9. “How to time travel”

As a child I loved time travel films, notably the Back to the Future trilogy (still probably my favourite films) and Flight of the Navigator. But I just did not understand it. My mum tried to explain it in so many different ways but it was over my head. Particularly the ‘alternate’ years (ie alternate 1985 in Back to the Future 2). WHAT?!

10. “How to know if a boy fancies you”

After researching how to kiss I might have moved on to recognising the signs of attraction. Because, you know, I couldn’t just speak to a boy and find out myself, that would have been WAYTOOMUCHOHMYGODI’MSHY.

What would have been your top ‘how to’ searches when you were a teenager?

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My year in fiction

I’ve been invited by Currys to look back over 2014 and pick my highlights in terms of the best TV show I watched and book that I read this year.

The TV part of this is really difficult because of course my memory serves highlights from the last couple of months rather than earlier in the year! But some memorable shows I’ve watched in 2014 include The Walking Dead, American Horror Story, Remember Me, 24, Bates Motel and Gogglebox.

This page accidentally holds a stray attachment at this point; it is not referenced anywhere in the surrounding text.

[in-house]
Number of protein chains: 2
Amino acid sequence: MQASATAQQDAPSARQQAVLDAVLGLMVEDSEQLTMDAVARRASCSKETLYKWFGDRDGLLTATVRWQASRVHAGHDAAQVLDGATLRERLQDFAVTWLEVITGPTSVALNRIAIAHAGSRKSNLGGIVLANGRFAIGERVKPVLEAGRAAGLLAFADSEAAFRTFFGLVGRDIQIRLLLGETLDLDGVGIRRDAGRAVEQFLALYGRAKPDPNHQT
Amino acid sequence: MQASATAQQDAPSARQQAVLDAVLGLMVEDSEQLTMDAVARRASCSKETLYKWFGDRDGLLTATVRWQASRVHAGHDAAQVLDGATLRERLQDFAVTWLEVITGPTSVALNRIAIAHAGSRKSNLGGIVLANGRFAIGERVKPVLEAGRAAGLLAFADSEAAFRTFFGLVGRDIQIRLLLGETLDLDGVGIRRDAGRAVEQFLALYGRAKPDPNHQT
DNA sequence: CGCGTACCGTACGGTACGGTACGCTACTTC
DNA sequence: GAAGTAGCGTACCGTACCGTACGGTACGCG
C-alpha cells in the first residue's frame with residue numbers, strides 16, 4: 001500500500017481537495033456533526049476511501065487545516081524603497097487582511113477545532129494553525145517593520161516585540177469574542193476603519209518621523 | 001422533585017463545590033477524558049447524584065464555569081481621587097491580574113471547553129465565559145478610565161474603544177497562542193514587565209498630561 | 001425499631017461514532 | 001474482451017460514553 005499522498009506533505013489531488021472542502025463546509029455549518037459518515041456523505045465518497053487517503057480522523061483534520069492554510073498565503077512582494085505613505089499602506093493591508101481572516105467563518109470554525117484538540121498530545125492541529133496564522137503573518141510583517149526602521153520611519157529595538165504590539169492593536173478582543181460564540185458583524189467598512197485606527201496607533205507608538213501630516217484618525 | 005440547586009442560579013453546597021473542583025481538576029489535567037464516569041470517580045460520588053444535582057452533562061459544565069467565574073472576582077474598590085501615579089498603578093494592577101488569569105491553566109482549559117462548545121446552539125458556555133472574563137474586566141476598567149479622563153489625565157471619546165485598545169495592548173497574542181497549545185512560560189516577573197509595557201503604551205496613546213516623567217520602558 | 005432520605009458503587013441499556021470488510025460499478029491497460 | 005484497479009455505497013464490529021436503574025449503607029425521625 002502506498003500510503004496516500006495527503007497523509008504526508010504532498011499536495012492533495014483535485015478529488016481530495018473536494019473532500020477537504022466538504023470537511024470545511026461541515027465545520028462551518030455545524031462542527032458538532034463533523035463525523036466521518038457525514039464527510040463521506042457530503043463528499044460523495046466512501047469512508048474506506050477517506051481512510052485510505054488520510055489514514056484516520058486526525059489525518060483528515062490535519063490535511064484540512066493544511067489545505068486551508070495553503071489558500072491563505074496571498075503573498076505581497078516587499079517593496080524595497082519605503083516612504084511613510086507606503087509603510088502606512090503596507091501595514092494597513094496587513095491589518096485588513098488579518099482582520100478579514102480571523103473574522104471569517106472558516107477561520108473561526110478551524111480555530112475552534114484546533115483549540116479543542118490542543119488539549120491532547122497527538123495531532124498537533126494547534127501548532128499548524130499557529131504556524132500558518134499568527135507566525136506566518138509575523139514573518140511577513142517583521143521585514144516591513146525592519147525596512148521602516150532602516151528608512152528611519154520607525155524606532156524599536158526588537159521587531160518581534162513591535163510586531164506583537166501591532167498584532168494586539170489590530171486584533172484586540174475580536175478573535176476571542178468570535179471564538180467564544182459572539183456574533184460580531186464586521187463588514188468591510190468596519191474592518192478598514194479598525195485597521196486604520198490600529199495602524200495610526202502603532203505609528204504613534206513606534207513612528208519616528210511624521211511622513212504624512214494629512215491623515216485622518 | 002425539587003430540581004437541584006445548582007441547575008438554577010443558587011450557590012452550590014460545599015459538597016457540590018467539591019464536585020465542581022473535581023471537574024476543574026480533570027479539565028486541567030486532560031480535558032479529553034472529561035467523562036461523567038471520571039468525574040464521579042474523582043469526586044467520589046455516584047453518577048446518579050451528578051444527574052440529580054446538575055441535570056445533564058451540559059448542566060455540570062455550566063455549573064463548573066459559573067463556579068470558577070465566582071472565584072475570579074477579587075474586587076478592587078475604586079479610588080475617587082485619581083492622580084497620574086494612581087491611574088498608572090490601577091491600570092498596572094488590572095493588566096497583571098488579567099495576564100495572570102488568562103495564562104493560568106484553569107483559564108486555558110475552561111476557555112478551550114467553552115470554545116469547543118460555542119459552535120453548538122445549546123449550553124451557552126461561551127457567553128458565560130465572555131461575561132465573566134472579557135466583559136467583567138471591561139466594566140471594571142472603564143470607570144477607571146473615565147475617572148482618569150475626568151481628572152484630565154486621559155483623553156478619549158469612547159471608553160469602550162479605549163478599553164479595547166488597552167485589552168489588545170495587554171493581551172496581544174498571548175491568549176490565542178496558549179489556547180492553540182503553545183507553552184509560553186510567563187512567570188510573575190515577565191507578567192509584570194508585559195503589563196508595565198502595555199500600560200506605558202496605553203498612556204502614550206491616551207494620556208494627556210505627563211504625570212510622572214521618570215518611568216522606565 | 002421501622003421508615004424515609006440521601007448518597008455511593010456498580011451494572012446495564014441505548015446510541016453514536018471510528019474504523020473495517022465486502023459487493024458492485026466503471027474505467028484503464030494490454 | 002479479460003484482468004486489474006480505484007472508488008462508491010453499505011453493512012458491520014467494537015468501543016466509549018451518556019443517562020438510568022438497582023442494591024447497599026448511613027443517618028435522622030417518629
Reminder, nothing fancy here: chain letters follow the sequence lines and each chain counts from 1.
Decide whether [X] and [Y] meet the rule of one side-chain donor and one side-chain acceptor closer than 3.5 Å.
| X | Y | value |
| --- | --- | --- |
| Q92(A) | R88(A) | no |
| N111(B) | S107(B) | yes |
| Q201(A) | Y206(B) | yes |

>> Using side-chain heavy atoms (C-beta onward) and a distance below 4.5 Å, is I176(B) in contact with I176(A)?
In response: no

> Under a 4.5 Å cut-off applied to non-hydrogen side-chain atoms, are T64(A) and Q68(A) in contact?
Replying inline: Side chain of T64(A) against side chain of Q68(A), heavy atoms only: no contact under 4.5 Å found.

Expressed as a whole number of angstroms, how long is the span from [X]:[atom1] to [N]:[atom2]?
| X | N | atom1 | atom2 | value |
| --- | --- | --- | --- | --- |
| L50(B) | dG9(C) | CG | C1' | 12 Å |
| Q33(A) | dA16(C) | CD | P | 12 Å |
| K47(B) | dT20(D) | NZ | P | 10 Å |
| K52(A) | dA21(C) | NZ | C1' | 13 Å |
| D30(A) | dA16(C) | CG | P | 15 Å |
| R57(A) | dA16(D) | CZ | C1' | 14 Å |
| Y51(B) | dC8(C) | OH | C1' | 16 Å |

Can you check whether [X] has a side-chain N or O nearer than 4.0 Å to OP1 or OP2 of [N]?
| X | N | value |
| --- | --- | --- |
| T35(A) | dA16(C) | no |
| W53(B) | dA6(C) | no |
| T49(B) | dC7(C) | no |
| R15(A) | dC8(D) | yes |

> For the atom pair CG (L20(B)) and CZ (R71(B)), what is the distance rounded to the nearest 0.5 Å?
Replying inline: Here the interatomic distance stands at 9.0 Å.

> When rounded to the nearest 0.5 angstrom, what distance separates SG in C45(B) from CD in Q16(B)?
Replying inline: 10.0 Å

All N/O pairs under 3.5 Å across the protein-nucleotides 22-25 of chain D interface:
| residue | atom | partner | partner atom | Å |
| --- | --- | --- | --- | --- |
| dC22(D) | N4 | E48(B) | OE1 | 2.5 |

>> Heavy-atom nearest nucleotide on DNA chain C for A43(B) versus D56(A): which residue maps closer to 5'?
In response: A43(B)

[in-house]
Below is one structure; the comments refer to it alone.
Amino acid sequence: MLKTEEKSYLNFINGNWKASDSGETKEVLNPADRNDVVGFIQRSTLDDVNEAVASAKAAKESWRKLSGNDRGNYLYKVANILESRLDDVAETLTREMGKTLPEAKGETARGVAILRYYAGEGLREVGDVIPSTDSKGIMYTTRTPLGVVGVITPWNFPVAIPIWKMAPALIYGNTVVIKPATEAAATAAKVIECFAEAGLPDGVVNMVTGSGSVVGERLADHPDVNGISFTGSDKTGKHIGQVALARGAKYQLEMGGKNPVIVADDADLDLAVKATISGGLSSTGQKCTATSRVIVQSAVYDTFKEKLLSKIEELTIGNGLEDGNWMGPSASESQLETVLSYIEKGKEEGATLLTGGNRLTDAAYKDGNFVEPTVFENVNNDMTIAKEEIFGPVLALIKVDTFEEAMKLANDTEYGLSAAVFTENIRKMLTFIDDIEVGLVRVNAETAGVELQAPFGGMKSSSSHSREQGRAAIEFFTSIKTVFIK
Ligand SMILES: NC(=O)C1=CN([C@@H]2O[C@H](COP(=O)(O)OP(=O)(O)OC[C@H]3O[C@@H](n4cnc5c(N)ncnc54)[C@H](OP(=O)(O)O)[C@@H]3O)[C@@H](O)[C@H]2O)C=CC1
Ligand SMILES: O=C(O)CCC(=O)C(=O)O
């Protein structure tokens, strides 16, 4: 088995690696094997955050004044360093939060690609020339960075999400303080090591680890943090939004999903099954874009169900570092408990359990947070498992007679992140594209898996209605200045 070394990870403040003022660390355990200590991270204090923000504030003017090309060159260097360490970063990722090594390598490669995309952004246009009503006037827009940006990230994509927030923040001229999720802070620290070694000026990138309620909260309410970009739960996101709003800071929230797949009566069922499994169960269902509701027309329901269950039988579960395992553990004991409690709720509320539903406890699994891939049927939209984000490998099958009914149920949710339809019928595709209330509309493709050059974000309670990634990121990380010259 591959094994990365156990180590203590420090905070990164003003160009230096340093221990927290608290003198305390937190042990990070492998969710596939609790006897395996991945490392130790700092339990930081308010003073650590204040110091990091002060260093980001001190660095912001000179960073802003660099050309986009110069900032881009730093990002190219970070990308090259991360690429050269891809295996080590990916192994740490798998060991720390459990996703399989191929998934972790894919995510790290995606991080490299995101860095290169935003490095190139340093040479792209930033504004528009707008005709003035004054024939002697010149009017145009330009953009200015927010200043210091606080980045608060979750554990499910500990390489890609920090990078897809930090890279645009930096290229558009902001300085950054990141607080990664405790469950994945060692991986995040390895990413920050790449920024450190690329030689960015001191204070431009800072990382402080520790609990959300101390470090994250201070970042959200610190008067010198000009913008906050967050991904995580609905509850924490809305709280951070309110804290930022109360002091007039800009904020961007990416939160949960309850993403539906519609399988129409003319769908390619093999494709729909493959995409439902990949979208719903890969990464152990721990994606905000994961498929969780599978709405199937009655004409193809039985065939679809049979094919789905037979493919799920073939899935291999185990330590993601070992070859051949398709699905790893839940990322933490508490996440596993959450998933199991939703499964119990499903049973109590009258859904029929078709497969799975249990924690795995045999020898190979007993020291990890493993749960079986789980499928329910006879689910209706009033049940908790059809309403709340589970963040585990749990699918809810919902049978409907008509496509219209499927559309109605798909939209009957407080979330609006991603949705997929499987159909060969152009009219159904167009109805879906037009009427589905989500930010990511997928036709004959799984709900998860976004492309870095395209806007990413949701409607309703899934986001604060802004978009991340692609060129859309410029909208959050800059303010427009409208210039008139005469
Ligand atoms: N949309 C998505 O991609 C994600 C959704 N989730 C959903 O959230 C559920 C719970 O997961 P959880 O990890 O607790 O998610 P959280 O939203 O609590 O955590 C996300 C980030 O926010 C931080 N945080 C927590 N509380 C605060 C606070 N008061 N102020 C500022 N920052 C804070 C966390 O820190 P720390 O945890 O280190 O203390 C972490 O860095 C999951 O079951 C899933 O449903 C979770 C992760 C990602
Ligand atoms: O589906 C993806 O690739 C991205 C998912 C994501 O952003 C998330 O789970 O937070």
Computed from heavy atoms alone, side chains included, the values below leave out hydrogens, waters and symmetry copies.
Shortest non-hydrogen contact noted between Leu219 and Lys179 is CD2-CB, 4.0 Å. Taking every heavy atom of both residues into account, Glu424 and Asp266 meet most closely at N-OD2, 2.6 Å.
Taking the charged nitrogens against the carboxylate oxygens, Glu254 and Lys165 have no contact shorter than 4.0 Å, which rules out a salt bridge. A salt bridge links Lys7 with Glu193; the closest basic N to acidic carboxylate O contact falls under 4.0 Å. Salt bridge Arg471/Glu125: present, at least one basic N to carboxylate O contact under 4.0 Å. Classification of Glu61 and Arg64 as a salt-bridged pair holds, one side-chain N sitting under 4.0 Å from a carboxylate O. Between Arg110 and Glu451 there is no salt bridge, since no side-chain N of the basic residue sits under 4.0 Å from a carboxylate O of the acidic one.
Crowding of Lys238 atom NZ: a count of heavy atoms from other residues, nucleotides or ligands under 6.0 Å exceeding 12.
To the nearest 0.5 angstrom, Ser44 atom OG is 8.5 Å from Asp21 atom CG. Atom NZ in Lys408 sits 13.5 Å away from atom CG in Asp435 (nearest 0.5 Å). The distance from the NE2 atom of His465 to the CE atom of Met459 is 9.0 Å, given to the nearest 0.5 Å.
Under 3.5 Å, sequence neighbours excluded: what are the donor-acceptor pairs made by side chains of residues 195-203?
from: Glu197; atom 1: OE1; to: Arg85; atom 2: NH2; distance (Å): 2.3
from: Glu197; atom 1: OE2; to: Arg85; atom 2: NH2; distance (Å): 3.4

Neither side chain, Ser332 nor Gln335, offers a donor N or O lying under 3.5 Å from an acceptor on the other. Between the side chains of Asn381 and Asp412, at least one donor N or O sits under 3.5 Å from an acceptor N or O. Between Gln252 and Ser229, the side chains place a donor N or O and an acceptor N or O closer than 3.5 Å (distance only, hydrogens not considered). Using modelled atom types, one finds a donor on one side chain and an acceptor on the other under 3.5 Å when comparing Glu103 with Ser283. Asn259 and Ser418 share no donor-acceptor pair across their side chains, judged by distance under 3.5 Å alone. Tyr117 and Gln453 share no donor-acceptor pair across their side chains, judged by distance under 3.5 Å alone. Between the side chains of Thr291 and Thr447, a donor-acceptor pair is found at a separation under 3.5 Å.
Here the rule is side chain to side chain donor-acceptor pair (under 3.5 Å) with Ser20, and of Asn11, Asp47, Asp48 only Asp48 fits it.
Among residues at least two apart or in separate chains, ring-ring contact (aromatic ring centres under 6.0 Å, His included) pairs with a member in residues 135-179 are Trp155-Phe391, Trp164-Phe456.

My favourite TV shows of 2014

Original images (L-R) courtesy of friskytuna via flickr.com; ercansebat via deviantart.com; and Wikipedia.org

I think if I had to pick one though, it’d be The Missing. Obviously the series hasn’t finished yet, so the way the rest of the story goes is anyone’s guess, but so far it’s been amazing. Starring James Nesbitt, the programme is about a man and his wife who lose their young son while on holiday in France in 2006. The story jumps from 2006, when the boy went missing, to the present day, as Nesbitt is still trying to find him and is starting to discover new clues. I was hooked from the first episode and the scene when he realised he’d lost his son had me in tears. It’s tense and the style is very Nordic noir, which I love. I can’t wait to see how it finishes!

The best book I’ve read this year is an easier decision. I’ve read a lot of cookbooks this year – mostly due to my change in diet for health reasons (see my posts on gluten-free living and the low FODMAP diet). So I haven’t read many fiction books through 2014.

But this one is one of my favourites, I’ve read it at least three times before. A piece of cake by Cupcake Brown is about a young girl who gets lost in the foster care system. She gets physically and sexually abused and turns to drugs, gang life and prostitution. She almost dies, several times, but turns her life around, goes to college and is now a lawyer.

I bought the book from a street vendor in Melbourne about seven years ago while I was traveling around Australia. It’s so shocking but inspirational; I love it.